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Tyson ‘reality’ show won’t show real world of pigeon racing

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By Ingrid E. Newkirk

This is the photograph on the cover of PETA’s annual review. It shows how loving and devoted pigeons are. In fact, they could teach the “Moral Majority” a thing or two: They mate for life. Both parents share in the care and nurturing of their young―they are the symbols of peace, after all. Pigeons are smart and have complex social relationships. Their hearing and vision are both excellent, but they still flock in large numbers in order to help ward off predators. They are completely innocuous and enrich our mornings with their gentle cooing.

But pigeons are among the most maligned urban wildlife, and it’s hard to understand why anyone can find fault with these beautiful, fascinating birds. It’s not their fault that they were stolen from the cliffs of Europe and plunked down in the U.S. People trap them, poison them, and even force them into endurance races so that the humans involved can win prizes and purses―as Mike Tyson will be showcasing in an upcoming series on Animal Planet called Taking On Tyson.

Pigeons who are penned up for racing―on rooftops or in backyard coops, as viewers will witness in Taking On Tyson―are deliberately put at risk. Taken hundreds of miles from their pens, the birds often struggle to survive against all weather extremes and often fall prey to both wild predators like raptors and cruel humans who shoot or trap them. I once found a racing pigeon who had crossed the English Channel in a fierce storm, exhausted, no longer able to fly, and almost frozen on the ground. He had made it to land from his release point, but others can only have perished, never to see their mates again. And for what? For wagers, that’s what, and for trophies. Bets are usually placed on the outcome, which not only violates many state gambling laws but also can mean a grim fate for the “losers.” Since pride and profit are often the compelling factors in pigeon racing, owners have little use for pigeons who can’t or don’t win. “Wring his neck,” is what people so often hear when they report a starving or injured banded pigeon. So much for love and respect.

PETA has filed a complaint with the district attorney in Brooklyn, where  Taking On Tyson will be filmed, asserting that Tyson’s salary from the show is itself a monetary reward derived from racing animals, which is illegal in New York (with the unfortunate exception of horse racing).

Pigeons’ navigational abilities, which are largely dependent on keen vision and an exceptional memory for topographic details, are legendary. A 10-year study of pigeon flight patterns conducted at Oxford University found that the birds rely more on their knowledge of human transport routes than on their internal magnetic compasses. One behavioral psychologist who studies pigeons remarked, “Pigeons commit new images to memory at lightning speed. …They organize images of things into the same logical categories that human beings use when we conceptualize.”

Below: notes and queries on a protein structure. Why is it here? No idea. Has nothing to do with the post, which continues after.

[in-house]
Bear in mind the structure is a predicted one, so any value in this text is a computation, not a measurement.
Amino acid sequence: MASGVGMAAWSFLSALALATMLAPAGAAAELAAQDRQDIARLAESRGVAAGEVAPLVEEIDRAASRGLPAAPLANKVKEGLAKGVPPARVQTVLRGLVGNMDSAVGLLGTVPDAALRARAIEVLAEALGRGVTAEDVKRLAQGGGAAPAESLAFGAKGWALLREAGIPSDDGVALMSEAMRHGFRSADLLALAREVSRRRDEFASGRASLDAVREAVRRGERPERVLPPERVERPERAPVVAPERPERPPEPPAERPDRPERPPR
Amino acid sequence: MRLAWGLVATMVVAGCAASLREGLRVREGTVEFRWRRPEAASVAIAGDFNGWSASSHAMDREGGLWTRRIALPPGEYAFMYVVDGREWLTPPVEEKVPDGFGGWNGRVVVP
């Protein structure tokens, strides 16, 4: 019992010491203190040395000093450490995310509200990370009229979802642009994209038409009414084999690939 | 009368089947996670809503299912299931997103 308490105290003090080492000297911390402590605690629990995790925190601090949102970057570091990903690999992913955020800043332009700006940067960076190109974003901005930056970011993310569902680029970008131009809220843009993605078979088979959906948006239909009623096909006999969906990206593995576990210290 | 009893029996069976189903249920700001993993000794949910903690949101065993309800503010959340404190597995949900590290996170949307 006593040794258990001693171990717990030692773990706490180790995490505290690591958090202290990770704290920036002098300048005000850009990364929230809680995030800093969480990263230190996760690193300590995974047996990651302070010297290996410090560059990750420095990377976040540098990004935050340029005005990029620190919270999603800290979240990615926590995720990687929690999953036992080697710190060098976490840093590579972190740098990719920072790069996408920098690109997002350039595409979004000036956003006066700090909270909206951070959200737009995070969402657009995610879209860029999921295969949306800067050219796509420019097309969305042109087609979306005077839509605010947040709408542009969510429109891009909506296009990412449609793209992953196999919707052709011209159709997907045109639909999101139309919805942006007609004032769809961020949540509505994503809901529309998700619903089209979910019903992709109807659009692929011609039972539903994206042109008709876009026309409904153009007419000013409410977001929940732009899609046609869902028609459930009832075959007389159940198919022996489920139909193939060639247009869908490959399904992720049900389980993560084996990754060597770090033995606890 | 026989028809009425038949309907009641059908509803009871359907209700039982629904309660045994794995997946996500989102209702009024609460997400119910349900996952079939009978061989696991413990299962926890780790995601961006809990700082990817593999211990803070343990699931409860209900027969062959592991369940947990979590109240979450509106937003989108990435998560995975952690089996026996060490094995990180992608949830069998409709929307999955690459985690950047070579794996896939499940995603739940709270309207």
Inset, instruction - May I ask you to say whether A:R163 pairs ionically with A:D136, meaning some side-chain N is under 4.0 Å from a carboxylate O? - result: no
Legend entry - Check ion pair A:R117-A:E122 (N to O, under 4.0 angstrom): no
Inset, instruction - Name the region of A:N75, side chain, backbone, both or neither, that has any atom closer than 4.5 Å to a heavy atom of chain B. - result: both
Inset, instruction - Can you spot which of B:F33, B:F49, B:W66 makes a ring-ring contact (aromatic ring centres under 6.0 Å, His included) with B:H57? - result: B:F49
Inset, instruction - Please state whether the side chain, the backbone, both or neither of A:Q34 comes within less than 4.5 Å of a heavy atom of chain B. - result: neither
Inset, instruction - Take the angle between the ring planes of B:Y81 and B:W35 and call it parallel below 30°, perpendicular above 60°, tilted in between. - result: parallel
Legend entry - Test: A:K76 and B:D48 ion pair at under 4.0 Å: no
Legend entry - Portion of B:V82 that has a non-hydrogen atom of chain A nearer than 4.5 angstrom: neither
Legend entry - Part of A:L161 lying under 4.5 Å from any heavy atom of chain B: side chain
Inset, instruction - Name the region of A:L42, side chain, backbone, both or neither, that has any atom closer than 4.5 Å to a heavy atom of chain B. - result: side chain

When not being used in races, pigeons live cooped up, sometimes hundreds in just a few barren cages. Instead of riding the air currents for pleasure or exploring grassy areas for morsels of food, birds are relegated to small wire-mesh worlds that may afford them little protection from the elements. Birds are given plastic eggs, a technique that tricks female birds into believing that they are nurturing a chick, on the theory that a distressed bird will race her heart out, going that much faster to get home to her egg.

There’s little doubt that Tyson’s show will have a 101 Dalmatians-type effect. Many of the boxer’s fans will casually acquire birds and then quickly tire of the idea. Animal Planet will be doing viewers and pigeons a terrible disservice if it airs this show, as it will sentence countless birds to life in a cramped cage and ultimately a bad end.

Pigeons bring beauty to our concrete jungles and demand so little in return. They deserve to be left in peace. Please let your thoughts be known.  

Ingrid E. Newkirk is the president and founder of People for the Ethical Treatment of Animals, 1536 16th St. N.W., Washington, DC 20036; Her latest book is The PETA Practical Guide to Animal Rights.


Written by People for the Ethical Treatment of Animals

March 25, 2010 at 3:01 pm

Posted in Uncategorized

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